While nations have always competed for territory, mineral riches, water, and other physical assets, they compete most vigorously today for technology-based innovations and the value that flows from them. Much of this value is based on creating scientific knowledge and transforming it into new products and services for the market. This process of innovation is complex and interdisciplinary. Sometimes it draws on the genius of individuals, but even then it requires sustained collective effort, often underpinned by significant national investments. Capturing the value of these investments to spur domestic economic growth and employment is a challenge in a world where the outputs of innovation disseminate rapidly. Those equipped to understand, apply, and profit from new knowledge and technical advances are increasingly able to capture the long-term economic benefits of growth and employment.
In response to this new, more distributed innovation paradigm, the National Academies Board on Science, Technology, and Economic Policy (STEP) convened leading academics, business leaders, and senior policymakers from Germany and the United States to examine the strengths and challenges of their innovation systems. More specifically, they met to compare their respective approaches to innovation, to learn from their counterparts about best practices and shared challenges, and to identify cooperative opportunities. The symposium was held in Berlin and organized jointly by the German Institute for Economic Research (DIW) and the U.S. National Academies with support of the German Federal Ministry for Education and Research (BMBF) and the American Embassy in Berlin.
Both U.S. and German participants described common challenges on a wide variety of issues ranging from energy security and climate change to low-emissions transportation, early-stage financing, and workforce training. While recognizing their differences in approach to these challenges, participants on both sides drew out valuable lessons from each other's policies and practices. Participants were also aware of the need to adapt to a new global environment where many countries have focused new policy measures and new resources to support innovative firms and promising industries. Meeting Global Challenges: U.S.-German Innovation Policy reviews the participants meeting and sets goals and recommendations for future policy.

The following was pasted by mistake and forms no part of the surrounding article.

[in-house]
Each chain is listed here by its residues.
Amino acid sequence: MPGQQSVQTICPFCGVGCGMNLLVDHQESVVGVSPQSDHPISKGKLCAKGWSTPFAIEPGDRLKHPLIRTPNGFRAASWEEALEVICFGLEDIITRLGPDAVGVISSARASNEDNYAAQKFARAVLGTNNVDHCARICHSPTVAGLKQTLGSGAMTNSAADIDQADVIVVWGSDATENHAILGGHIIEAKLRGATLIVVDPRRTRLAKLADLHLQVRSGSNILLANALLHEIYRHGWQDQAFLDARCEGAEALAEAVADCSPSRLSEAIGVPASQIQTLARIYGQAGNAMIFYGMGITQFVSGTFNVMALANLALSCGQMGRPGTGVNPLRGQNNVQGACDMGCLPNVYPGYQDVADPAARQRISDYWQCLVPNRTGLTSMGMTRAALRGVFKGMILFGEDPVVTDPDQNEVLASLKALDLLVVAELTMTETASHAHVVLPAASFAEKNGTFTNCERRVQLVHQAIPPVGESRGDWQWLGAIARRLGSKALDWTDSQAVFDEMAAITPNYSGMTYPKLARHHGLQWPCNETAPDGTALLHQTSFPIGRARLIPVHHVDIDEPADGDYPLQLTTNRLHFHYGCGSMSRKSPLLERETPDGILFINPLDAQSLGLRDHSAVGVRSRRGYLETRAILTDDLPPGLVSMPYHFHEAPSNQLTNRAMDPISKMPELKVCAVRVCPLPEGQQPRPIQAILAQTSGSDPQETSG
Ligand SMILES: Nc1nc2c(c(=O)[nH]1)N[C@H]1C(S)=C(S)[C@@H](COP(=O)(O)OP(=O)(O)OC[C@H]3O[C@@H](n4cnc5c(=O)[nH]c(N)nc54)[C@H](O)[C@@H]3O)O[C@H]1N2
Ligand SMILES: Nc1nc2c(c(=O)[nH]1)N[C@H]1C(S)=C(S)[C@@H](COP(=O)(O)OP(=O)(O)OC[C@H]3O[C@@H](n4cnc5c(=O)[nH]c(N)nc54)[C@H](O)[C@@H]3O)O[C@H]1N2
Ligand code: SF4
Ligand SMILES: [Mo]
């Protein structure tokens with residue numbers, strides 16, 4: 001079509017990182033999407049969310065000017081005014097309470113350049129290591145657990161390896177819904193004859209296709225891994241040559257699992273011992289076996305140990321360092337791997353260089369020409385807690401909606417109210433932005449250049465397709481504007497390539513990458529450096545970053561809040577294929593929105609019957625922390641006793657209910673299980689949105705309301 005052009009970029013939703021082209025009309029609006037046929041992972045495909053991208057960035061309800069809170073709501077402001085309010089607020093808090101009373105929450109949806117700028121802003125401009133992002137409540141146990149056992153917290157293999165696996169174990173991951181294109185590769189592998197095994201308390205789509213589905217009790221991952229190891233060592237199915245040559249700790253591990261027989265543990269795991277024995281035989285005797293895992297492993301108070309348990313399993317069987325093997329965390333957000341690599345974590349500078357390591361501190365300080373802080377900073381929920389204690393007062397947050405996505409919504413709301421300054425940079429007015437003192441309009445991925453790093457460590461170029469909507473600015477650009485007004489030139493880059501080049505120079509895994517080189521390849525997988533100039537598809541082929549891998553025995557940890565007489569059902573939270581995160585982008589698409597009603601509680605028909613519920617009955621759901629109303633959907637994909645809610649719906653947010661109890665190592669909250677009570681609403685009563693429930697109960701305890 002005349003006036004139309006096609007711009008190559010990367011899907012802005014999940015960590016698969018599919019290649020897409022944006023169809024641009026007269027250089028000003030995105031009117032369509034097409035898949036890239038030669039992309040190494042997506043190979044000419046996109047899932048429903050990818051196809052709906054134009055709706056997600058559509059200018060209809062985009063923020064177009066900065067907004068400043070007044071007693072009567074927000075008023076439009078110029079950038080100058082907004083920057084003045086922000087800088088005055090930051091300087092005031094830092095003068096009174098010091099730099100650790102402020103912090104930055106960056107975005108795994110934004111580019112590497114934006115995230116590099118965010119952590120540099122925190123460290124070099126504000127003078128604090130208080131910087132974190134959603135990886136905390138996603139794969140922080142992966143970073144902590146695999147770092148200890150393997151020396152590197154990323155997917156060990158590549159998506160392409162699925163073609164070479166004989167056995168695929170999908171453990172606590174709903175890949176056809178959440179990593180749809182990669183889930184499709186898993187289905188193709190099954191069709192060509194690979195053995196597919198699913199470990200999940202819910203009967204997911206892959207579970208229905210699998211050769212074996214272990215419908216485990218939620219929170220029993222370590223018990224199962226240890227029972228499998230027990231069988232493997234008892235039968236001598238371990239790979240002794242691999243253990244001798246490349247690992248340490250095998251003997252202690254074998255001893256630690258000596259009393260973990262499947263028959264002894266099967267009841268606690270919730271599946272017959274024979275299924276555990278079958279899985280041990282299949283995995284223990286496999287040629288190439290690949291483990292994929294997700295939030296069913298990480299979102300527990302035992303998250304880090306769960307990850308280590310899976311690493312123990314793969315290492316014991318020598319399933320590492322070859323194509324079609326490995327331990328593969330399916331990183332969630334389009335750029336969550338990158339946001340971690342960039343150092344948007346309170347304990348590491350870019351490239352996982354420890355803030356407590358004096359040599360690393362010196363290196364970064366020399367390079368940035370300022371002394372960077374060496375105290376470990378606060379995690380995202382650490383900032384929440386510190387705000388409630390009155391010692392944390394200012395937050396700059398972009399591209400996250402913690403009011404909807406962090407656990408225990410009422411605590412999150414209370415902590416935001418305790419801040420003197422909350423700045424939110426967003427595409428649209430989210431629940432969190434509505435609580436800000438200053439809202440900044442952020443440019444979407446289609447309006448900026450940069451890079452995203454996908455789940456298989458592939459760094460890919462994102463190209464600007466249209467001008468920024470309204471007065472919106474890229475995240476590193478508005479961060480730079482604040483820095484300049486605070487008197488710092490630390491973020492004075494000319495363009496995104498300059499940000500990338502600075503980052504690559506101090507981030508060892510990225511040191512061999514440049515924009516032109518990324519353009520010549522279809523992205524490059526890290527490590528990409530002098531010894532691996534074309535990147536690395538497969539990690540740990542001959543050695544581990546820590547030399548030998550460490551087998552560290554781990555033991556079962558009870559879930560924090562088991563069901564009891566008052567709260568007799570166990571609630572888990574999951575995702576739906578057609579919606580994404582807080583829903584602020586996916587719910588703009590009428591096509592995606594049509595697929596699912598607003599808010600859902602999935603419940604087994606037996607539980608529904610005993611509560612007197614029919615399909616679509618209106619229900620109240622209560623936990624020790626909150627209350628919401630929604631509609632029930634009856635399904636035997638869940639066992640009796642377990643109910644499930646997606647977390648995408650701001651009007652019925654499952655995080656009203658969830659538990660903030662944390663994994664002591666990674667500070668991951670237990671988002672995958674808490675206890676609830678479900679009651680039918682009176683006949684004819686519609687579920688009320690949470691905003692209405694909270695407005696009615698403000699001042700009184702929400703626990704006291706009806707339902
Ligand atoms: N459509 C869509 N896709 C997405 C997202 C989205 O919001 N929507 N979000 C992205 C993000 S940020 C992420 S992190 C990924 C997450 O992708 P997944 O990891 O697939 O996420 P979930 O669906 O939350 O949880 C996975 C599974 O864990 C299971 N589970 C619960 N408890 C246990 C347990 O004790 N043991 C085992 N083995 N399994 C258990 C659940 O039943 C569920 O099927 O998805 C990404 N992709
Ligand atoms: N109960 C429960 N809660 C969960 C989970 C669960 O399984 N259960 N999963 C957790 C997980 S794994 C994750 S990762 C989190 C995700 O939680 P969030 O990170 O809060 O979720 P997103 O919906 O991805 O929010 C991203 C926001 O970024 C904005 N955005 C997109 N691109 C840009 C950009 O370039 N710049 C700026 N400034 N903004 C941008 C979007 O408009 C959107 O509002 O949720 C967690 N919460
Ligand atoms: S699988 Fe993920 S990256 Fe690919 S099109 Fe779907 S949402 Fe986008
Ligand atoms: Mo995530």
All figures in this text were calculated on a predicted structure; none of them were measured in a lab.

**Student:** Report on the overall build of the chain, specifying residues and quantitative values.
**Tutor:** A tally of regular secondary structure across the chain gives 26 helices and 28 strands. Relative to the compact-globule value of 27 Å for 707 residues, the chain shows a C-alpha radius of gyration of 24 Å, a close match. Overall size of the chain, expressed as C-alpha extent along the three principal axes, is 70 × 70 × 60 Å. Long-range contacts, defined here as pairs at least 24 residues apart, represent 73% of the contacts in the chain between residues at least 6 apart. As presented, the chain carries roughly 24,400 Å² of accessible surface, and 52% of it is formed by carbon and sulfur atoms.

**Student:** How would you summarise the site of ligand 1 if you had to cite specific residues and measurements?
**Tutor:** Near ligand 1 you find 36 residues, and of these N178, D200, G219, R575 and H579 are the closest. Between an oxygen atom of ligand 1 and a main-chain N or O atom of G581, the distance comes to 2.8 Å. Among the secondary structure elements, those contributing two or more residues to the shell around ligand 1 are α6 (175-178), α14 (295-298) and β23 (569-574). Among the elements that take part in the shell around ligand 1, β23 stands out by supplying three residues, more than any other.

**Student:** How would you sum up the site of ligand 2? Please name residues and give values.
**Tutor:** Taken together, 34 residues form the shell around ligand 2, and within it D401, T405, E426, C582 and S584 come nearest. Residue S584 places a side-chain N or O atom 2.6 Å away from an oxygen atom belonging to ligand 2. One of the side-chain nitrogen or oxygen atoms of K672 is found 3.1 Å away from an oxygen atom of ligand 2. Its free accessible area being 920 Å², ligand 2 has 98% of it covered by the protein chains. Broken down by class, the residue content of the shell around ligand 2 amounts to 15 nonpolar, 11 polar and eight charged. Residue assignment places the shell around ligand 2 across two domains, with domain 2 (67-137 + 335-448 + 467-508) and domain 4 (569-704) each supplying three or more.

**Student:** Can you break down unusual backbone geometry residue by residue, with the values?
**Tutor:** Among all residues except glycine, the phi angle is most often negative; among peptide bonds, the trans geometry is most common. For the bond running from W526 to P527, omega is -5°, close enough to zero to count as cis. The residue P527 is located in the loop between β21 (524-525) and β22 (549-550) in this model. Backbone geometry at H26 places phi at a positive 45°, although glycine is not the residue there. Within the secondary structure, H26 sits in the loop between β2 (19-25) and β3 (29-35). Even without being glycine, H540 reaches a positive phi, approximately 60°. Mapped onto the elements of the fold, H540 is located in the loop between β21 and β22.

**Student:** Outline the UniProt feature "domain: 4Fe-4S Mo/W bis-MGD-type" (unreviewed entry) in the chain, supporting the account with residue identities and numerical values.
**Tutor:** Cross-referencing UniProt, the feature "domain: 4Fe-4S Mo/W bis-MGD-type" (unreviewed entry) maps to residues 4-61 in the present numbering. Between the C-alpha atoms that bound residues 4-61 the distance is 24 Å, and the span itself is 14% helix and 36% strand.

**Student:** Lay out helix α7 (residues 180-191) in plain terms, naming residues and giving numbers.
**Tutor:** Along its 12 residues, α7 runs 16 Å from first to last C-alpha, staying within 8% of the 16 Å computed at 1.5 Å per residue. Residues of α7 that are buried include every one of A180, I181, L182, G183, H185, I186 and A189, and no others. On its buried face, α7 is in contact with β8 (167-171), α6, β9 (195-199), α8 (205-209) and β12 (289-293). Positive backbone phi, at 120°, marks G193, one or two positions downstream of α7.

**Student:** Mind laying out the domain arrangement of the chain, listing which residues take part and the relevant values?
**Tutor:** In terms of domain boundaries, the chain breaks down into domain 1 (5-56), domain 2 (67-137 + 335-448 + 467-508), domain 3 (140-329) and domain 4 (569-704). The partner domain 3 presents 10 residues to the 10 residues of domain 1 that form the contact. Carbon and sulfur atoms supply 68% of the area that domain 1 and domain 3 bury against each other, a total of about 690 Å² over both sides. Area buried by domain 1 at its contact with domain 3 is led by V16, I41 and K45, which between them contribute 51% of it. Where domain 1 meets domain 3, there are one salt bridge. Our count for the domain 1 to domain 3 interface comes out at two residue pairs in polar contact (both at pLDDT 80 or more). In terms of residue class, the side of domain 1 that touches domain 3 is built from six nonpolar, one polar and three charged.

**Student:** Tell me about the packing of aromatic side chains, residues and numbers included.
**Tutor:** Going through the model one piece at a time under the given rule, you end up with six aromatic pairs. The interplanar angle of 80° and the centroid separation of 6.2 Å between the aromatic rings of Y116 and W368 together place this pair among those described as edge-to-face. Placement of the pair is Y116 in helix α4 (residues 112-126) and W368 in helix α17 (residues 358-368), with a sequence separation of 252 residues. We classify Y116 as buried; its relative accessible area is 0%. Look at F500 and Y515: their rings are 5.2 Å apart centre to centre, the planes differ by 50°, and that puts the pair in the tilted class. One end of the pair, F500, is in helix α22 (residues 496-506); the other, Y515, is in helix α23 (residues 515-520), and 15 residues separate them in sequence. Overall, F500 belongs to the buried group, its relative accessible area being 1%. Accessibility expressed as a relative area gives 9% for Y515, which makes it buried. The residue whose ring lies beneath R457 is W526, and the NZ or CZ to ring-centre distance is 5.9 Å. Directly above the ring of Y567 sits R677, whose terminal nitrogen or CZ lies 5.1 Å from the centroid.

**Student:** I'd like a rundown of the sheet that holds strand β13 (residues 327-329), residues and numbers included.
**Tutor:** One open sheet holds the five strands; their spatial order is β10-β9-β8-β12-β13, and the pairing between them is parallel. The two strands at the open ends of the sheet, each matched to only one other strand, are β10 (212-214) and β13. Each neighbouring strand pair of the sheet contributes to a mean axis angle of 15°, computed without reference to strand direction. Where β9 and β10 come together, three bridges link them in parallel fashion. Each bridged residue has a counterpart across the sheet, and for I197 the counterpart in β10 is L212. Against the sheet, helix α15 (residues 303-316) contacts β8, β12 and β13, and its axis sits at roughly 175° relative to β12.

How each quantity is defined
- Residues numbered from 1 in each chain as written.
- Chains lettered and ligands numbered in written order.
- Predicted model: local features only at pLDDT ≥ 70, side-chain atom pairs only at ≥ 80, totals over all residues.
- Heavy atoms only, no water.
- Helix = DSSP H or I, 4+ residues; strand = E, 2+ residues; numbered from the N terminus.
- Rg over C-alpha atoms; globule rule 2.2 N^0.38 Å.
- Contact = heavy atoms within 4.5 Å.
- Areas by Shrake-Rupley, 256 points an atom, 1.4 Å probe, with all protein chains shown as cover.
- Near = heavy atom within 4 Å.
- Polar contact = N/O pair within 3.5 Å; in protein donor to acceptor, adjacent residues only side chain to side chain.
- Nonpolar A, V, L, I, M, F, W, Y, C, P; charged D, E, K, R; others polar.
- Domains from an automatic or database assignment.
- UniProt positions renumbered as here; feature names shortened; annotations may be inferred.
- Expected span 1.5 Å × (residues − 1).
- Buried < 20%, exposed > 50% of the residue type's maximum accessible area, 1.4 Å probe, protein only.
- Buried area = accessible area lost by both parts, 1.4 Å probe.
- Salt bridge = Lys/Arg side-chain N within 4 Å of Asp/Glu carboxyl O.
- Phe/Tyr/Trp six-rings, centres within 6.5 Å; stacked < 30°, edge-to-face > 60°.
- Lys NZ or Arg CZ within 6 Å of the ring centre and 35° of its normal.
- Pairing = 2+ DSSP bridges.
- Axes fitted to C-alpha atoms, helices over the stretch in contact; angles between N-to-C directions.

Table of Contents
|DAY 1 & Welcome--Gert G. Wagner||33-38|
|Opening Remarks for Germany--Georg Schutte||39-42|
|Opening Remarks for the United States--The Honorable Philip Murphy||43-45|
|Keynote Address--John Fernandez||46-49|
|Panel I: Current Trends in Innovation Policy||50-62|
|Keynote Address--Werner Hoyer||63-67|
|Panel II: Competition and Cooperation in a Global Economy||68-78|
|Panel III: Human Resources, Competition for Manpower, and the Internationalization of Labor||79-87|
|Panel IV: Growing Universities for the 21st Century||88-100|
|Roundtable: Competition and Cooperation: Systematic Challenges||101-104|
|DAY 2 & Panel V: Helping Small Business: Current Trends and Programs||105-116|
|Panel VI: Early-Stage Finance and Entrepreneurship||117-126|
|Panel VII: Policies and Programs for CO2 Reduction||127-139|
|Panel VIII: Building Electric Vehicle Industries||140-146|
|Panel IX: Medical/Biomedical Innovation for the 21st Century||147-153|
|Panel X: Policies and Programs to Build Solar Industries||154-164|
|Roundtable: Energy Change: What Are the Consequences for the German and U.S. Innovation Systems?||165-173|
|Appendix A: Agenda||177-183|
|Appendix B: Bibliography||184-220|
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